Television news thrives on drama. Stories that can blend danger and dramatic footage are much more likely to be considered “newsworthy.” So it’s no surprise that extreme weather plays a major role in the network evening news broadcasts. “As we come on the air this Friday night, millions of people are trying to drive home on sheets of ice,” ABC World News anchor Diane Sawyer (2/22/13) announced at the beginning of one broadcast. But for the TV networks, weather events are most often discussed in isolation: A new FAIR study shows that even when covering weather events that scientists suggest […]
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TV news seldom connects extreme weather and global warming
Reporting needed on present-day impacts of global warming
Answers petitions, critics, with more slanted commentary
FAIR and RootsAction presented CNN with a petition signed by over 27,000 activists, demanding the news network present a more balanced discussion of the nuclear power issue. CNN responded by compounding the bias with a post-show roundtable, Nuclear Power: The Fallout From Fear, that featured a panel just as slanted as its title.
Reporters focus on personality instead of policy
Download MP3 This week on CounterSpin: The good news from the Democratic Republic of the Congo is that the bloody, Rwandan-backed militia M23 has laid down its arms, mostly due to pressure from the US. But what is US coverage of the story skewing, and what is it leaving out? We’ll talk with Maurice Carney of Friends of the Congo. Also on the show: The average food stamp benefit in this country is about $4.50 per person per day, but Congress has decided they can get by with less; some $5 billion worth of cuts to the Supplemental Nutrition Assistance […]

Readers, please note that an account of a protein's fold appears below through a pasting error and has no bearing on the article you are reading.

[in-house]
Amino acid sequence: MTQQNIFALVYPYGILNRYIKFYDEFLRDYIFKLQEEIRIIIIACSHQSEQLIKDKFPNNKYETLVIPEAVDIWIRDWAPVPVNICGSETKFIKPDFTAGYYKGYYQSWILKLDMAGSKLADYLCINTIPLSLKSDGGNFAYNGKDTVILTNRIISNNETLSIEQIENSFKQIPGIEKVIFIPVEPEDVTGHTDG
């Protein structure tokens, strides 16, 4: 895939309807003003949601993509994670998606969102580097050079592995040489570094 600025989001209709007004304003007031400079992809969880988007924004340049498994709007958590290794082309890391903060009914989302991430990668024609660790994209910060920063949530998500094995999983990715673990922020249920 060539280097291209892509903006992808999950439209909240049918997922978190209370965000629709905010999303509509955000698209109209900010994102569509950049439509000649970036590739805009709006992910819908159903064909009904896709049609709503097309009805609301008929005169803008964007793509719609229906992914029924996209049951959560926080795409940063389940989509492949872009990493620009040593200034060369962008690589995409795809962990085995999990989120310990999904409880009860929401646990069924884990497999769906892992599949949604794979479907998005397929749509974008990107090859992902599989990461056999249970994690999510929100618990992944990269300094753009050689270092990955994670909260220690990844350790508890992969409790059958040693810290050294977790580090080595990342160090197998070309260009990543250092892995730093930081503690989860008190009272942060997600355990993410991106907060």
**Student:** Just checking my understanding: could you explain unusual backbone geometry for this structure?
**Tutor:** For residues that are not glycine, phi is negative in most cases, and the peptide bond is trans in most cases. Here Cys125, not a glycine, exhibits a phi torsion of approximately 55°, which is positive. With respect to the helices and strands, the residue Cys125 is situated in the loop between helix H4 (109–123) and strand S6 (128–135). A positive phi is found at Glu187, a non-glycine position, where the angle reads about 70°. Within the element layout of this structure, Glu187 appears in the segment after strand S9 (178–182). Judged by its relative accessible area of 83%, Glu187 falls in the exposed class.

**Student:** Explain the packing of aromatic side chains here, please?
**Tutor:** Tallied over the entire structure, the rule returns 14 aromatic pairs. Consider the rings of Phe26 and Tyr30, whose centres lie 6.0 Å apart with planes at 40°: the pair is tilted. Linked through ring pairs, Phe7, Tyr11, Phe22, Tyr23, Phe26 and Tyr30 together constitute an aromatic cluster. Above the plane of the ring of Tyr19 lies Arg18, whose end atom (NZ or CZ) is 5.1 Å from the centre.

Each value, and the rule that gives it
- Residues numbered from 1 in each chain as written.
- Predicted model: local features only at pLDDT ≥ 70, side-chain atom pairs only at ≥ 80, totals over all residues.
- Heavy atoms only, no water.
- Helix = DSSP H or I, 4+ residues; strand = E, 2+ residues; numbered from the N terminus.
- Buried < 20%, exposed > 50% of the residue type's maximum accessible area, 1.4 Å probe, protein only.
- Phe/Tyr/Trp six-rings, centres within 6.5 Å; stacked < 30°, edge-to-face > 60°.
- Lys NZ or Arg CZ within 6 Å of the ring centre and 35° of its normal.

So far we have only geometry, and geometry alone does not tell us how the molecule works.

Network to air one-sided advocacy for nuclear power
No conflict seen in Jerusalem reporter's husband representing Israel
The Washington Post responded to FAIR's Action Alert about the Post's Jerusalem bureau reporter, Ruth Eglash, whose husband's links to the Israeli government pose a major conflict of interest. But the paper's response--to the extent that it has any substance at all--seems to misconstrue what a conflict of interest is.
Family tie to Israeli PR poses major conflict of interest
The Washington Post may be violating its own conflict of interest rules by hiring a Jerusalem correspondent whose spouse works for an Israeli government-linked public relations firm. As the website Electronic Intifada (9/18/13) pointed out, correspondent Ruth Eglash's husband, Michael Eglash, is a founding partner of the pro-Israel advocacy group Upstart Activist and is the president of its affiliated PR consulting firm, Upstart Ideas. EI reports that Upstart Ideas has been "deeply involved in efforts to promote Israel and Israeli government policy for years," adding that pro-Israeli propaganda is now Upstart's "main business." A 2010 Jerusalem Post profile ("Zionist Start […]